against close reading

Close reading is often touted as the offering sacrificed at the alters of both short attention spans and the digital humanities (though for probably different reasons). Take for example this piece in The New Rambler by Jonathan Freedman which is ostensibly a review of Moretti’s Distant Reading but manages to hit many of the commonplaces on the subject of digital literacy, including laments about declining numbers of English majors: “fed on a diet of instant messages and twitter feeds, [students today] seem to be worldlier than students past—than I and my generation were—but to find nuance, complexity, or just plain length of literary texts less to their liking than we did.” But it’s not just students, it’s colleagues as well: the distant and surface readers, for example.

In the end though, Freedman’s argument is less against distant reading than it is for close reading: “distant reading doesn’t just have a guilty, complicitous secret-sharer relation to soi-disant close reading: it depends on it.  Drawing on the techniques of intrinsic analysis of literary texts becomes all the more necessary if we are to keep from drowning in the sea of undifferentiated and undifferentiable data.” And as far as I can tell, the distant and surface readers do not really make arguments against close reading in principle. They may critique particular close reading methods in order to argue for the value of their own methods, but that’s a different matter.

So I’ll take up the task of arguing against close reading, just so there’s actually an argument that defenders of close reading can push up against if they want.

I don’t want to make this a specifically literary argument. Yes, “close reading” is a term that we get from New Criticism, so it has terminological roots in literary studies, but it’s come a long way from then. The symptomatic readings of poststructuralism, cultural studies, and so on are all close reading practices, even though they are quite unlike the intrinsic interpretive methods of New Criticism (relying on the text itself). As Katherine Hayles argues in How We Think,

close reading justifies the discipline’s continued existence in the academy, as well as the monies spent to support literature faculty and departments. More broadly, close reading in this view constitutes the major part of the cultural capital that literary studies relies on to prove its worth to society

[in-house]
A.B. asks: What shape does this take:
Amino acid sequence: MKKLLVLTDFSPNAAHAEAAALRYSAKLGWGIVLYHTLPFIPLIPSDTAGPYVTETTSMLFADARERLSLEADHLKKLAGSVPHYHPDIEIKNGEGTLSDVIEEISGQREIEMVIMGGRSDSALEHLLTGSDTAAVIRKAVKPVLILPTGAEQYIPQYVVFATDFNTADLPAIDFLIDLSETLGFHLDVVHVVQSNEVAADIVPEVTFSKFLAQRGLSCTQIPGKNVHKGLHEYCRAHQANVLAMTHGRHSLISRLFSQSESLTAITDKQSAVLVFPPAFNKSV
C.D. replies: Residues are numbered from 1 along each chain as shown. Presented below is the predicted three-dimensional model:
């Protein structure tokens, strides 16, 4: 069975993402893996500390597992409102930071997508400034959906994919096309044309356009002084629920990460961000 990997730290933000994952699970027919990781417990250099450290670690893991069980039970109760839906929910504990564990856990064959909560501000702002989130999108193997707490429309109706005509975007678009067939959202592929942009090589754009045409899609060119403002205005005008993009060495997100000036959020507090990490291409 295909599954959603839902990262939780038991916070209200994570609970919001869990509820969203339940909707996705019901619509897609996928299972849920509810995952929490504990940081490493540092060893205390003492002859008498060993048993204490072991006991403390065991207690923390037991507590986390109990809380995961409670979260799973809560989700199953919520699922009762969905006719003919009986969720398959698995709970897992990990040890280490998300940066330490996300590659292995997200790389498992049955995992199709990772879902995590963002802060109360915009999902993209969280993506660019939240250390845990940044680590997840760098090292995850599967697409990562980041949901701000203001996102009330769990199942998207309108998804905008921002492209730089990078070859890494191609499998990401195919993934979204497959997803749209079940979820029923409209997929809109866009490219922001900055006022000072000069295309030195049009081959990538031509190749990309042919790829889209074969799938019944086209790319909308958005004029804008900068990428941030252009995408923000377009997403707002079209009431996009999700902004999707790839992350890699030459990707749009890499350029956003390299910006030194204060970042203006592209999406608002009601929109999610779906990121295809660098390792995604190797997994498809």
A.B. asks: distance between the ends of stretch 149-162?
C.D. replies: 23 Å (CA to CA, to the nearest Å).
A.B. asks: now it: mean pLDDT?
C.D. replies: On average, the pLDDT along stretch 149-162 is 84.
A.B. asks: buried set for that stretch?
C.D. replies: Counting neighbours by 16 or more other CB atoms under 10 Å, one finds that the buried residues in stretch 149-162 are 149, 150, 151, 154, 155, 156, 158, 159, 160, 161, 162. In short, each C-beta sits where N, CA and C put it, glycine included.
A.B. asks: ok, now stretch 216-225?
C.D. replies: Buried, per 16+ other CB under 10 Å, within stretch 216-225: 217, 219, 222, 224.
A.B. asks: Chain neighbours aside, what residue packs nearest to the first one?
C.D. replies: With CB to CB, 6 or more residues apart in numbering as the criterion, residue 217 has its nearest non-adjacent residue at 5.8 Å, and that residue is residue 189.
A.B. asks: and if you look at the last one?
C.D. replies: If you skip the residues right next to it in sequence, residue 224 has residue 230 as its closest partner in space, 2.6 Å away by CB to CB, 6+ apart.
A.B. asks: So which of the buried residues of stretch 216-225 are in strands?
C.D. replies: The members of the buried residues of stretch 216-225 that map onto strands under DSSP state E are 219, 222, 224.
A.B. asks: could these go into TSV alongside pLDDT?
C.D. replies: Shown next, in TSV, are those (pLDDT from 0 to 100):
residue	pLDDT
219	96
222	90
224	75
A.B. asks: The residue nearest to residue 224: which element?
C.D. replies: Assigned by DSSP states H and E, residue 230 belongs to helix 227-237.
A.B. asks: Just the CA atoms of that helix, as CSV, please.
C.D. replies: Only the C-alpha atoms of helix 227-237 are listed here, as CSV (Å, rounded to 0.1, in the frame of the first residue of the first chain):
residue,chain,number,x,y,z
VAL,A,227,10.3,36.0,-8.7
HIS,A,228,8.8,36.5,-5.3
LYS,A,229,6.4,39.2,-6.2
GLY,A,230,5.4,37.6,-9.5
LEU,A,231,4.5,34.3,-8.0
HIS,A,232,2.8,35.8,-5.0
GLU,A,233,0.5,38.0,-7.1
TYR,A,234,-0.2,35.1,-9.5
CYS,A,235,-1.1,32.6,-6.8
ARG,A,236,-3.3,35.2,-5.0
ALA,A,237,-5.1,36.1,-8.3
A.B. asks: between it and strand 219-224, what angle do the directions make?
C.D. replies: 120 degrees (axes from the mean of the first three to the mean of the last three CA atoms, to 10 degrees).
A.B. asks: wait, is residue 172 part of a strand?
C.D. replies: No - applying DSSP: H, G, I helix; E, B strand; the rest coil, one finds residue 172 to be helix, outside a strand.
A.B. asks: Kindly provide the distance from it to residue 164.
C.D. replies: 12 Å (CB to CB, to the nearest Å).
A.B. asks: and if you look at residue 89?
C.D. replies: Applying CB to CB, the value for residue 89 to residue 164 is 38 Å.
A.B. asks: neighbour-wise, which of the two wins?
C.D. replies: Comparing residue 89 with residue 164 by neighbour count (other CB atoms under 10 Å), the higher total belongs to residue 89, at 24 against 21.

To borrow an old cattle industry slogan, close reading is “what’s for dinner” in English Studies. And we have made a meal of it. Whether we’ve made a dog’s dinner of it is another matter. Regardless, in the contemporary moment, and certainly for the 2 decades or so I’ve been in the discipline, close reading has also been a central feature of rhetoric. All one has to do is think of the attention to student writing to see that, but it is also characteristic of the way many rhetoricians go about their own scholarship. So what I say here about close reading applies across English Studies.

Now, while I have just said that close reading is a wide-ranging practice, it is still one that is specific to print texts and culture. And, of course it is not just a reading practice, because if it were, how would we know we did it? It’s also a writing/communicating practice. That is, I’d think of close reading as a set of genres of print textual analysis.

The key question, from my perspective, is how these genres operate in a digital media ecology. I wouldn’t want to say that they don’t operate, because people still produce close readings, and I wouldn’t want to gainsay their claim that they do so. Instead, my point is that close reading can no longer operate as it once did. From the early days of the web, across computers and writing research and beyond, it was already clear that multimedia and hyperlinks shifted rhetorical/reading experience. But it has become much clearer in the era of high speed internet, mobile media, and big data, that text just isn’t what it once was. It doesn’t produce meaning or other rhetorical effects in the same way.

Besides that, reading and writing are so much more obviously and immediately two-way streets. As you read, you are being read. As you write, you are being written. Is that an “always already” condition? Maybe, but it certainly has specific implications for digital media ecologies. What does it mean to read your Facebook status feed closely when what is being offered to you has been produced by algorithmic procedures that take account of your own activities in ways that you are not consciously aware? Even if you’re going to read some pre-Internet text (as we often do), you’re still reading it in a digital media ecology. Again, it’s not that one can’t do close reading. It’s that close reading can’t work the same way. Maybe close reading just comes to me that we study something, that we pay attention to it, rather than indicating any particular method or strategy for studying, but that would seem to miss the point. For me, close reading rests on a particular set of assumptions about how text is produced and how it connects with readers, not only in terms of one particular text and one particular reader, but also the whole constellation of texts and readers: i.e., a print media ecology.

Arguing “against close reading” then is not an argument to say that we should stop paying close attention to texts. If anything, it’s an argument that we should pay closer attention to the ways in which the operation of text is shifting.

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